Akamba sculpture as a means of visual communication: its origins, development and functions
This inquiry investigates the origins, the use, the development and the rationale of sculpture among the traditional and the contemporary Akamba Societies. It further investigates those factors within the environment which influenced the artistic skills, competence and orientations for the total creation of the sculptural forms and designs. The study's main hypothesis is that sculpture was made, used and existed among the traditional Akamba societies before the first world war of 1914 to 1918, which many scholars refer to as the beginning of this art amongst the Akamba. Further hypothesis states that the demand for sculpture sprung from the Akamba Cultural needs and therefore the art was used as a means of cultural expression alongside dances, riddles, tales, songs and wise sayings. The study looks into the availability and choice of raw materials and the constructions of the various sculptural properties such as size, form, and topic. It further looks into the sculpture's functional characteristics and the possibilities for innovations. Some of the shortcomings of the previous studies are discussed and their contribution and setbacks assessed. The major difference between these early works and this inquiry is that while these early investigations tried to cover the Akamba arts in general this study confines itself to sculpture. Data collection procedures used are: (a) Oral interview. (b) Observations. (c) Drawings. (d) Photography. Fifty-one specimens of Akamba traditional sculpture are studied, described and used as illustration for this study. Problems arising from these proceedings are outlined and the ways employed to solve them stated. The main hypothesis is upheld and the evidence to support it presented using specimen photographs, drawings and data charts. Lastly, recommendations and measures to be taken by particular groups of people in order to improve the usage of the Akamba sculpting skills and products are outlined. These recommendations are based on observations and data implications. The inquiry stresses the adoption and integration of traditional and modern ideas and values in order to create a positive attitude in observers towards sculpture. Specifically this inquiry seeks to fulfill the following objectives: (a) To determine the extent to which sculpture was and is used by the Akamba with a view to suggesting effective use and practice of sculpting. (b) Explain the factors which hinder the effective use of this art. (c) Find out the main instructional value contained in sculpture. (d) To establish sculpture as a means of instruction/communication in educational institutions and public. (e) To recommend new strategies for the utilization of scupting skills.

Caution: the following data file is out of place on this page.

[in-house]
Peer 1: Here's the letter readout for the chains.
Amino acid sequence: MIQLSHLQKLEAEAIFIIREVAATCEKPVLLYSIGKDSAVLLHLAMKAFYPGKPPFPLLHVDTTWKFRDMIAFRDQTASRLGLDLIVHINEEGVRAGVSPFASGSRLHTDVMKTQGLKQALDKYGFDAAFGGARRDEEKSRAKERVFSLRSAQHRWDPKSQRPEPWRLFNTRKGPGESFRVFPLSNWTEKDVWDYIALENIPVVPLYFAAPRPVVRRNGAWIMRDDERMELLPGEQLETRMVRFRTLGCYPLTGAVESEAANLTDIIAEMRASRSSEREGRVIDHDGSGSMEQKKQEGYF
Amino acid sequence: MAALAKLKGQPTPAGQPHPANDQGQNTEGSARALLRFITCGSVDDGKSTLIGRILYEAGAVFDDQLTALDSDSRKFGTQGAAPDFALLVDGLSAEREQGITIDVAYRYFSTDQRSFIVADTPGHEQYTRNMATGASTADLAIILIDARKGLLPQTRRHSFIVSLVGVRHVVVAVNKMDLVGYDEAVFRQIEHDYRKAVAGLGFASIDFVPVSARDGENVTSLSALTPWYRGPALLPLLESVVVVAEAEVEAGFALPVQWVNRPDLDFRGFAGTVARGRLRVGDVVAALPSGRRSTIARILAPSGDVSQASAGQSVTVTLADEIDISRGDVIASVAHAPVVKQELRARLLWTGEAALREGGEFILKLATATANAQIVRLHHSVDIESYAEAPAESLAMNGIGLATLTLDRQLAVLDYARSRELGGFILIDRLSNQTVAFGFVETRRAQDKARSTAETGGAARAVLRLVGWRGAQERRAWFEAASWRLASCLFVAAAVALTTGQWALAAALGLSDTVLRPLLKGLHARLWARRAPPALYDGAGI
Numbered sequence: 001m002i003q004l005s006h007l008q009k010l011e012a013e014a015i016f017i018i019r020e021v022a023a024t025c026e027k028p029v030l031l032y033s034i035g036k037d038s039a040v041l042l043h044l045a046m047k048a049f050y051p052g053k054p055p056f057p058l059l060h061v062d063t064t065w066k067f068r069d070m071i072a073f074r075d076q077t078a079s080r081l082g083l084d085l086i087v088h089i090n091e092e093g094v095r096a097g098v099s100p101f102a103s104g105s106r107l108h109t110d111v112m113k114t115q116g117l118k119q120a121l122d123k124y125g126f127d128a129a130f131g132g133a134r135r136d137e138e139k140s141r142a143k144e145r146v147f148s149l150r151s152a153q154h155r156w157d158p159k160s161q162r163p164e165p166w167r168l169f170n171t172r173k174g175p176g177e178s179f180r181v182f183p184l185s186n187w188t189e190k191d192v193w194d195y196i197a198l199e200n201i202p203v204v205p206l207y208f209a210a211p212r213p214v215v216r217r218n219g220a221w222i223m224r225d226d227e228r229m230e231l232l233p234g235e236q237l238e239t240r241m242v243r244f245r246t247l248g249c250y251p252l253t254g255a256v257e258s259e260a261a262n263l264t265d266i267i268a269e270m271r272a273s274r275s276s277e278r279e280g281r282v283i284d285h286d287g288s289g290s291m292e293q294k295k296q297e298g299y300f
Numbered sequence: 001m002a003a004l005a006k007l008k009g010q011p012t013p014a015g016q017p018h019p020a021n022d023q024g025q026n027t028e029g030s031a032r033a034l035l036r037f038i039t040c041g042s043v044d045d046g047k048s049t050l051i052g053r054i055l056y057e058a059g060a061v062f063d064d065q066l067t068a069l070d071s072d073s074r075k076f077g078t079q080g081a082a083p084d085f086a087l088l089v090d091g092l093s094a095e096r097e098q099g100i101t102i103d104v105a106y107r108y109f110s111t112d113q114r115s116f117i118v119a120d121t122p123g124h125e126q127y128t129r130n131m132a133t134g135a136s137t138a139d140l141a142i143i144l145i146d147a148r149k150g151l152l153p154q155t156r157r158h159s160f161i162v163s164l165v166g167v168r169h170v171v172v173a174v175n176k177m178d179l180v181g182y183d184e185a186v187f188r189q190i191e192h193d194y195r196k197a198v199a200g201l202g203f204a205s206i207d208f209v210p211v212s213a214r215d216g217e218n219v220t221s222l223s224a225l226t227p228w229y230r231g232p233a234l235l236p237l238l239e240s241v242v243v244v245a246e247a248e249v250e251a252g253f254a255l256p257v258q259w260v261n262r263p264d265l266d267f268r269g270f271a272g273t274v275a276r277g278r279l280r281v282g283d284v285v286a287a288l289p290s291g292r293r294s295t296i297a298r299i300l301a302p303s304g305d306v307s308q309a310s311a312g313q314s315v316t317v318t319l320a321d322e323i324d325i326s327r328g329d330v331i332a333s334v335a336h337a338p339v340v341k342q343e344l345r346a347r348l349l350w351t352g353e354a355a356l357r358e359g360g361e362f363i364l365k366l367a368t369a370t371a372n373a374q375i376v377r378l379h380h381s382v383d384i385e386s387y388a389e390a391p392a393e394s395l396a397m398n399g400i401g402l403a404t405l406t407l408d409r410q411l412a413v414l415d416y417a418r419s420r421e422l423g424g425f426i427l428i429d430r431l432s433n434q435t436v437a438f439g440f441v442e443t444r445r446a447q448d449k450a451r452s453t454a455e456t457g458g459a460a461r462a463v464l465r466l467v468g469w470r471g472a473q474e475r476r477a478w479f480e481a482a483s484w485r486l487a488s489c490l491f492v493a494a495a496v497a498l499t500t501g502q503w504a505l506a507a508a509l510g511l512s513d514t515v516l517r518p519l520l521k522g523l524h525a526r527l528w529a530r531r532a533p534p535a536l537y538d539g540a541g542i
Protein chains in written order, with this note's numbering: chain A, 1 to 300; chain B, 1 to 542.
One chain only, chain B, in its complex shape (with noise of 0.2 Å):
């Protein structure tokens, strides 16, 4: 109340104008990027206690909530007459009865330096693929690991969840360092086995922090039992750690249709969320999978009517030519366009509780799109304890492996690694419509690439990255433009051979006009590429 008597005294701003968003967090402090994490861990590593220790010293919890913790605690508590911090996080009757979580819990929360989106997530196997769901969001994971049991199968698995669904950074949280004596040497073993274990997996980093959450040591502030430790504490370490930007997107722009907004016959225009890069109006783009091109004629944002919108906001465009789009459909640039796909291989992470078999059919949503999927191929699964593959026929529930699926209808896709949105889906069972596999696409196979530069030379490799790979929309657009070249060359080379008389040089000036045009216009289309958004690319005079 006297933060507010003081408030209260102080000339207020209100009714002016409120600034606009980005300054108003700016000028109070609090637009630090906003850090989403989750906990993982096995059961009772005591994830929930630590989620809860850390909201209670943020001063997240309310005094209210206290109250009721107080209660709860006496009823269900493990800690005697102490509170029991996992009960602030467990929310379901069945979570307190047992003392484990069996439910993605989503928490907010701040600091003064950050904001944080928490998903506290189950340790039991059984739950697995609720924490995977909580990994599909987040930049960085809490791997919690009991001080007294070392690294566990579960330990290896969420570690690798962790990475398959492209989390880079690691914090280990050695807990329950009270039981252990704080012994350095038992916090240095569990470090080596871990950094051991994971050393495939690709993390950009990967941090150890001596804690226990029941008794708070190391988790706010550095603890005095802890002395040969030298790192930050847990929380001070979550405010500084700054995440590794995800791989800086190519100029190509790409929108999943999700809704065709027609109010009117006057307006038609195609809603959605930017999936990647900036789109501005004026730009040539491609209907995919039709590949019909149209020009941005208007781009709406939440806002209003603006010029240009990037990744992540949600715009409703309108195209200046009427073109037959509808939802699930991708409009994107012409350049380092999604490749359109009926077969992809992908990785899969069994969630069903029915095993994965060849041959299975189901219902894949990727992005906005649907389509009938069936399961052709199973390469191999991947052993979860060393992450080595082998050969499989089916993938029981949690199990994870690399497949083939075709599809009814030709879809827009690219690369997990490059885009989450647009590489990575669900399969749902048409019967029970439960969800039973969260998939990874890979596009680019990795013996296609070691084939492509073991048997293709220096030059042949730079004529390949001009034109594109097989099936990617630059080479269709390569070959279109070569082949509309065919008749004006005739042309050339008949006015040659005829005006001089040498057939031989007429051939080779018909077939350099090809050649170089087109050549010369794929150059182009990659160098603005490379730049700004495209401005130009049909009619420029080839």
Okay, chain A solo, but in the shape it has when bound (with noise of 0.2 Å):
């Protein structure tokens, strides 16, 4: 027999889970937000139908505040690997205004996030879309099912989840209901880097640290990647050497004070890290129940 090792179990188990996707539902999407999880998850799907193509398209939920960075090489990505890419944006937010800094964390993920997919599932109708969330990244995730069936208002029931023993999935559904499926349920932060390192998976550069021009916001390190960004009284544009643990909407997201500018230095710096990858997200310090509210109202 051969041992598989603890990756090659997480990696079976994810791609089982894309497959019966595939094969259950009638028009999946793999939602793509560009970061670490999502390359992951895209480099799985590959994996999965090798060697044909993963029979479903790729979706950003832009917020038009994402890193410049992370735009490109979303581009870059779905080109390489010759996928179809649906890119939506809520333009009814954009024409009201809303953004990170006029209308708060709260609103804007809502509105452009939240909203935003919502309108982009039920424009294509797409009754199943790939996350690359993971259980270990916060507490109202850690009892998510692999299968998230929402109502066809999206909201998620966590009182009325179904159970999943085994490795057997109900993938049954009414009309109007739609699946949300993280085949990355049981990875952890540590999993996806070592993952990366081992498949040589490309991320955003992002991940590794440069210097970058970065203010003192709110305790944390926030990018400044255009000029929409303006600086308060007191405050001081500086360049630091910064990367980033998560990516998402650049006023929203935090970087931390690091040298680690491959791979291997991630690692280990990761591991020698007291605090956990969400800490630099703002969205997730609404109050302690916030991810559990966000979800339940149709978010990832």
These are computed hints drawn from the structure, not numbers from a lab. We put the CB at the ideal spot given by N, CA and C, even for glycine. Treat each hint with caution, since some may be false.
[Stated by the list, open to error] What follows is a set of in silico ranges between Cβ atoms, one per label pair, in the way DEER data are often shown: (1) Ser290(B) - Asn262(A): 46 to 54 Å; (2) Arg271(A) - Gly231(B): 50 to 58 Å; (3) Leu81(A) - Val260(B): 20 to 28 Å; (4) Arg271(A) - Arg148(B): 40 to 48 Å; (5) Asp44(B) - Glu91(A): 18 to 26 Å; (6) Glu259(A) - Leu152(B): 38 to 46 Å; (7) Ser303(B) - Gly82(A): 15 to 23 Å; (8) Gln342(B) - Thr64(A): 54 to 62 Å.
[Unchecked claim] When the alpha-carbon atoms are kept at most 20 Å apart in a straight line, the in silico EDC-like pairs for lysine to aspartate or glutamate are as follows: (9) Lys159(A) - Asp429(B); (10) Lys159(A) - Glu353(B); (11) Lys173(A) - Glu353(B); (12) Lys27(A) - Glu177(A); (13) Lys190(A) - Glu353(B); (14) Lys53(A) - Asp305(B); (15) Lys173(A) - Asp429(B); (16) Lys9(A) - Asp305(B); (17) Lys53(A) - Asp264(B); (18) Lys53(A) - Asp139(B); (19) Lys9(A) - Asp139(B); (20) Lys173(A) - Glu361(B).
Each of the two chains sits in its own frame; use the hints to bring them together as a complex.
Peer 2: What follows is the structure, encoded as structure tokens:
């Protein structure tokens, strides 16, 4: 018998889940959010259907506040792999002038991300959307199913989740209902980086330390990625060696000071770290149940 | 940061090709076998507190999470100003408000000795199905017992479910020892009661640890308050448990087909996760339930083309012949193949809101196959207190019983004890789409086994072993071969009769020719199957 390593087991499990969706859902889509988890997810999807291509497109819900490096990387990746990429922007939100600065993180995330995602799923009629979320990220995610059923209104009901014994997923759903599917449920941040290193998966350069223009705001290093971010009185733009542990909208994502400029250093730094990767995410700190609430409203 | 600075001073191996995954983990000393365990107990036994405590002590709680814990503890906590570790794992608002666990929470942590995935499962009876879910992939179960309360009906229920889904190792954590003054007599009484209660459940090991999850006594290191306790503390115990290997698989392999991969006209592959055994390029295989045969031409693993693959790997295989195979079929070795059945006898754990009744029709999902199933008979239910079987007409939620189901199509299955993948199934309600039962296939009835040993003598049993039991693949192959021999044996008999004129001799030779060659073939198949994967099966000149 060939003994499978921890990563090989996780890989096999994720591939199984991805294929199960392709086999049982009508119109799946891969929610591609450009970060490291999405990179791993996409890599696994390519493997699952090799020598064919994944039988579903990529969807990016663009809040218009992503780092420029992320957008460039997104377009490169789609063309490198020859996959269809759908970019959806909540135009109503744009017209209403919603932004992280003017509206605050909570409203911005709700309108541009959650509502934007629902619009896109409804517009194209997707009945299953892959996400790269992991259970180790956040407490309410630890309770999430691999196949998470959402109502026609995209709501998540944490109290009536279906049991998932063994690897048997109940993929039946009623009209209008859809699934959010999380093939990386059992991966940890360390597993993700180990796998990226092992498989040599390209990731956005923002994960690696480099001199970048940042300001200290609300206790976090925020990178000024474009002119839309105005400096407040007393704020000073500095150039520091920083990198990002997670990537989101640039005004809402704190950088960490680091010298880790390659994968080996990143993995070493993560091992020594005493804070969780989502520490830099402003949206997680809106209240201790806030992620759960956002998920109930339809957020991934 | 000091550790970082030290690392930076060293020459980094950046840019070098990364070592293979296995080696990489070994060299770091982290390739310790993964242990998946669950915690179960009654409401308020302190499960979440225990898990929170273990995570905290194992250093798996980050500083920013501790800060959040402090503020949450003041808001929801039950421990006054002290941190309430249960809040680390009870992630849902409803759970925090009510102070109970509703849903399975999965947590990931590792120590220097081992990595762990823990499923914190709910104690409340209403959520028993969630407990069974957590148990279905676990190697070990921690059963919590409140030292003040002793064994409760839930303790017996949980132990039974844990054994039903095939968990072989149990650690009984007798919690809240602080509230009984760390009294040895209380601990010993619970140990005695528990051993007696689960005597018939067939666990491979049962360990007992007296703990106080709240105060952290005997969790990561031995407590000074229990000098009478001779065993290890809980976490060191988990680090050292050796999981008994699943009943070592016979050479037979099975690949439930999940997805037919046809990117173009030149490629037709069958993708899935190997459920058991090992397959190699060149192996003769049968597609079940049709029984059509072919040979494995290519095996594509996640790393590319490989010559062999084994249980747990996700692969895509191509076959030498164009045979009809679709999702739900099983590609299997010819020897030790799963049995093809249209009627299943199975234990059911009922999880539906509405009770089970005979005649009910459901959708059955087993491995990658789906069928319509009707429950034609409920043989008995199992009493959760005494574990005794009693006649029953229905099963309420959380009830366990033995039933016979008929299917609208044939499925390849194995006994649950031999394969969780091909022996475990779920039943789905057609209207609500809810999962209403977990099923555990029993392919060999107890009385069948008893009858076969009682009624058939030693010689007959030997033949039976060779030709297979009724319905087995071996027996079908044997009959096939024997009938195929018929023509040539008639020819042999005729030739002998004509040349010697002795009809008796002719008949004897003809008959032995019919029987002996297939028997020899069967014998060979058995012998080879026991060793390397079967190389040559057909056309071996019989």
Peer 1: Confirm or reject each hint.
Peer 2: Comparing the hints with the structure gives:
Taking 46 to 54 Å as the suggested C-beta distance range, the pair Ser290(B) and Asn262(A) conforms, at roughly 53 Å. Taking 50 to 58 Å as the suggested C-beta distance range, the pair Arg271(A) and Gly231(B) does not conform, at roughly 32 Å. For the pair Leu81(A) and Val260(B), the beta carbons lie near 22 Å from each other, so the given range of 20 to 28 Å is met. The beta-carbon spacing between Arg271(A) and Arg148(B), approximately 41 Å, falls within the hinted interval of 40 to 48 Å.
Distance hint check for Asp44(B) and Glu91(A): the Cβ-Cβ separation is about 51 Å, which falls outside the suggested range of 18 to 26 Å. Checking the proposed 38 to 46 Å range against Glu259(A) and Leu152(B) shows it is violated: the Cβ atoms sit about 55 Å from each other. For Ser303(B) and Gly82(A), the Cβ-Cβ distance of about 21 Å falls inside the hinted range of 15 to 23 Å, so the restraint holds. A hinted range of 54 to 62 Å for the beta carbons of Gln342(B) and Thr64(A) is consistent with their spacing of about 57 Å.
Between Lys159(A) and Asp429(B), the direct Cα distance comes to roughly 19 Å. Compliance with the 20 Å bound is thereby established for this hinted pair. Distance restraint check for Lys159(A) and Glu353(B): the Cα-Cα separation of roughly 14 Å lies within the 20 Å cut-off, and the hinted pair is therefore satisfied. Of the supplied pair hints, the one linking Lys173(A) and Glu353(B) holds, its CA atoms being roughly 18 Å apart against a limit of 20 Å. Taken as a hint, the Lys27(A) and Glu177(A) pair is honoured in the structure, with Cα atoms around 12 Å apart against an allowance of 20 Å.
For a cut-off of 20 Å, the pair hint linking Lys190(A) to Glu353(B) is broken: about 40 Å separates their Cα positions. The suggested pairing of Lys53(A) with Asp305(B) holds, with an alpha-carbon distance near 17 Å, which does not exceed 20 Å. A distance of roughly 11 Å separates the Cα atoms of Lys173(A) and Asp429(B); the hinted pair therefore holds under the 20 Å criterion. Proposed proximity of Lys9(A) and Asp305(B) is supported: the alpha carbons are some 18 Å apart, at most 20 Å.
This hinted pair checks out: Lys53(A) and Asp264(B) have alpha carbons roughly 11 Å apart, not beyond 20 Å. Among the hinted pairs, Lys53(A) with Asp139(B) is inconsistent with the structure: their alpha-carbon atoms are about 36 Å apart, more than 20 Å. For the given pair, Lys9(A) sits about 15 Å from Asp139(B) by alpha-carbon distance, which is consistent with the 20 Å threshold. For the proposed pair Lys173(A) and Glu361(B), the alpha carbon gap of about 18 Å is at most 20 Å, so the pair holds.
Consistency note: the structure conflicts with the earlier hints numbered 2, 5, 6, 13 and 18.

- MST-Fine Art